It’s no secret that I’m a fan of Star Trek, and have been for a long time. Naturally I was looking forward to the premiere of Star Trek: Discovery, but with trepidation moreso than excitement. The most recent entries in the Star Trek franchise have been middling to outright bad, and the most recent series prior had a rough start. On top of the shaky ground on which it was building the franchise the trailer just… didn’t look that much like Star Trek to me. I think I might’ve actually been more interested had the Star Trek name not been attached, because they looked like perfectly good sci-fi action/drama, but were lacking in the personality and optimism that made Star Trek what it is.
A little girl, the “Child of Light”
falls deathly ill, her body dying.
She then awakens, lost and lonely
soon finding she can move by flying.
Along the way she makes new friends,
discovers who she is and more.
The story much like fairy tales
delivered whimsically, for sure.
Combat is fun, characters varied,
graphics great, much like it’s painted.
The story twists, there are some changes,
some you predict, some unexpected.
A solid game for those to find
an RPG you might find splendid.
For those who might be so inclined,
this game comes highly… endorsed.
I talked about this game just last week, so this post will probably be fairly brief.
I finished Metroid: Samus Returns this weekend, and enjoyed it start to finish. There was an initial bit of learning to get out of the way before I was used to the new mechanics introduced in the game — specifically using the free-aim and melee counter — but once I got used to those was quite happy with how they worked out.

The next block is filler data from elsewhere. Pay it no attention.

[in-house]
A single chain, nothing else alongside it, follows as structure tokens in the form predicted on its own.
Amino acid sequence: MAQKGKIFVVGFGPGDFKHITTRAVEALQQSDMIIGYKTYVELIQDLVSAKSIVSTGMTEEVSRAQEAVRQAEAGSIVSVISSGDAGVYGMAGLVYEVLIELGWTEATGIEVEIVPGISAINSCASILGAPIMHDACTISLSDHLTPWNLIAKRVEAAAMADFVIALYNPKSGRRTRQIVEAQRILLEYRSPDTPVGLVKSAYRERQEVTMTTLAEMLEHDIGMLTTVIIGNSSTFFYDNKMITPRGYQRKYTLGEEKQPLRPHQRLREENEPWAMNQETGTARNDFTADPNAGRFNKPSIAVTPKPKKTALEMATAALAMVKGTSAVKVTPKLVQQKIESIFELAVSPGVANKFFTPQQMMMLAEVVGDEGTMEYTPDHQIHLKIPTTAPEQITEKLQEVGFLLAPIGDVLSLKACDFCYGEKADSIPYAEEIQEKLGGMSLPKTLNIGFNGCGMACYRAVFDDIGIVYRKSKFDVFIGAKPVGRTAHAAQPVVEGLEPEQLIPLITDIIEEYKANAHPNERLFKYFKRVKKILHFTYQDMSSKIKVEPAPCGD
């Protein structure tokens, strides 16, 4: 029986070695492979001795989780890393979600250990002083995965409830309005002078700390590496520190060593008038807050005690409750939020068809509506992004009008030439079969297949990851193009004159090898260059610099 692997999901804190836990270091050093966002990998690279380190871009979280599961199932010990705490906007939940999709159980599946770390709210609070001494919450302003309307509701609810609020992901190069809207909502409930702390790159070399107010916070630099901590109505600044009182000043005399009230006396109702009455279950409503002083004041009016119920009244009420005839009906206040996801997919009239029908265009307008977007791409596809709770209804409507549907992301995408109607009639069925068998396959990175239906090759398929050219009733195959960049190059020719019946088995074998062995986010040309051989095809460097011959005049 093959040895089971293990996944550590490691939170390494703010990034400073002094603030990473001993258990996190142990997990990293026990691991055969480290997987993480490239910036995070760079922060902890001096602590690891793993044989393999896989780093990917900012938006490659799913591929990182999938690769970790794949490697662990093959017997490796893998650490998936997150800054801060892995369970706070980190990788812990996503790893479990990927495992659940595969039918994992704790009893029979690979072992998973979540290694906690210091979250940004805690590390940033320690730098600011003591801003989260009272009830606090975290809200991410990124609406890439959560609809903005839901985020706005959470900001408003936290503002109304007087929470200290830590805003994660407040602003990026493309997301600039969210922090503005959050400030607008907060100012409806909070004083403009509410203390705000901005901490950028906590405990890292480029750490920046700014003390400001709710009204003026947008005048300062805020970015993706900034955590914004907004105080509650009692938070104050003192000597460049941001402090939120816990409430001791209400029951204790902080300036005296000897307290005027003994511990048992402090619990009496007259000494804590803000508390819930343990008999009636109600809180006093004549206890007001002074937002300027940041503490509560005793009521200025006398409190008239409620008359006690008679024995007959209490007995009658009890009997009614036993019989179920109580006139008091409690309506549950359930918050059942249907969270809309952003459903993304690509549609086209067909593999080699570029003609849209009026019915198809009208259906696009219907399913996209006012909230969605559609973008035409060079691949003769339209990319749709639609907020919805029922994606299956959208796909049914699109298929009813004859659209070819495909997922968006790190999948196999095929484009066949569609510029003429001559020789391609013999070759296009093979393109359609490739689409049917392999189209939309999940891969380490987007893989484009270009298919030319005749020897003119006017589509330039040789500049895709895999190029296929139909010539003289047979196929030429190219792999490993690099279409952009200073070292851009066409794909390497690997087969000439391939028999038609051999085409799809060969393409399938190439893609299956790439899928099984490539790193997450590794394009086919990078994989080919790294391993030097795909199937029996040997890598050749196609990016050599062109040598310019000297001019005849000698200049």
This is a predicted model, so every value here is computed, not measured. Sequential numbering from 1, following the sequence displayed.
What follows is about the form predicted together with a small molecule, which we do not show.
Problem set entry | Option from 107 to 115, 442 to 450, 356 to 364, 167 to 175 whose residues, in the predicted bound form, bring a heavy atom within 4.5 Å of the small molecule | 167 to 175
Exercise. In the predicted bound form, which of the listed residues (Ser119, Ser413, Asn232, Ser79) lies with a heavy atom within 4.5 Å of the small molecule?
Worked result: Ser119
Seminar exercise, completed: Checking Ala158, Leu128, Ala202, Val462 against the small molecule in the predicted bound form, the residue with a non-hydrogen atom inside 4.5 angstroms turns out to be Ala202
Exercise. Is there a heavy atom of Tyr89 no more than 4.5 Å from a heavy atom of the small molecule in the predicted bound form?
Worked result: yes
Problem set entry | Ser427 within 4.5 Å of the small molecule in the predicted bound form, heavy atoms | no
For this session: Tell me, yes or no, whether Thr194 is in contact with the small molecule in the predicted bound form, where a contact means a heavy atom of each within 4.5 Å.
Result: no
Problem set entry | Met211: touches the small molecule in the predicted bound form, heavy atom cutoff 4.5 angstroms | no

The familiarity of the sound design continued throughout the game, to my enjoyment, including one particular musical track that appeared toward the end unexpectedly. Also speaking of the end, the “post-game” is extended slightly, though not to the same extent as in Zero Mission it was still a welcome addition.
Thanks for reading, and see you next mission!
This post might seem to come a little out of left field, but I’m going to talk about a book. Specifically, Dragon’s Egg, by Robert L. Forward.
The premise, in barest terms, is that in the near future a neutron star is discovered close enough to the solar system to send a expedition, and upon the surface of this star the research team discovers life. The story of the book is more the story of the rise of a civilization on the surface of the star than it is about any individual characters. It’s almost more of a physics & sociology thought experiment than a story.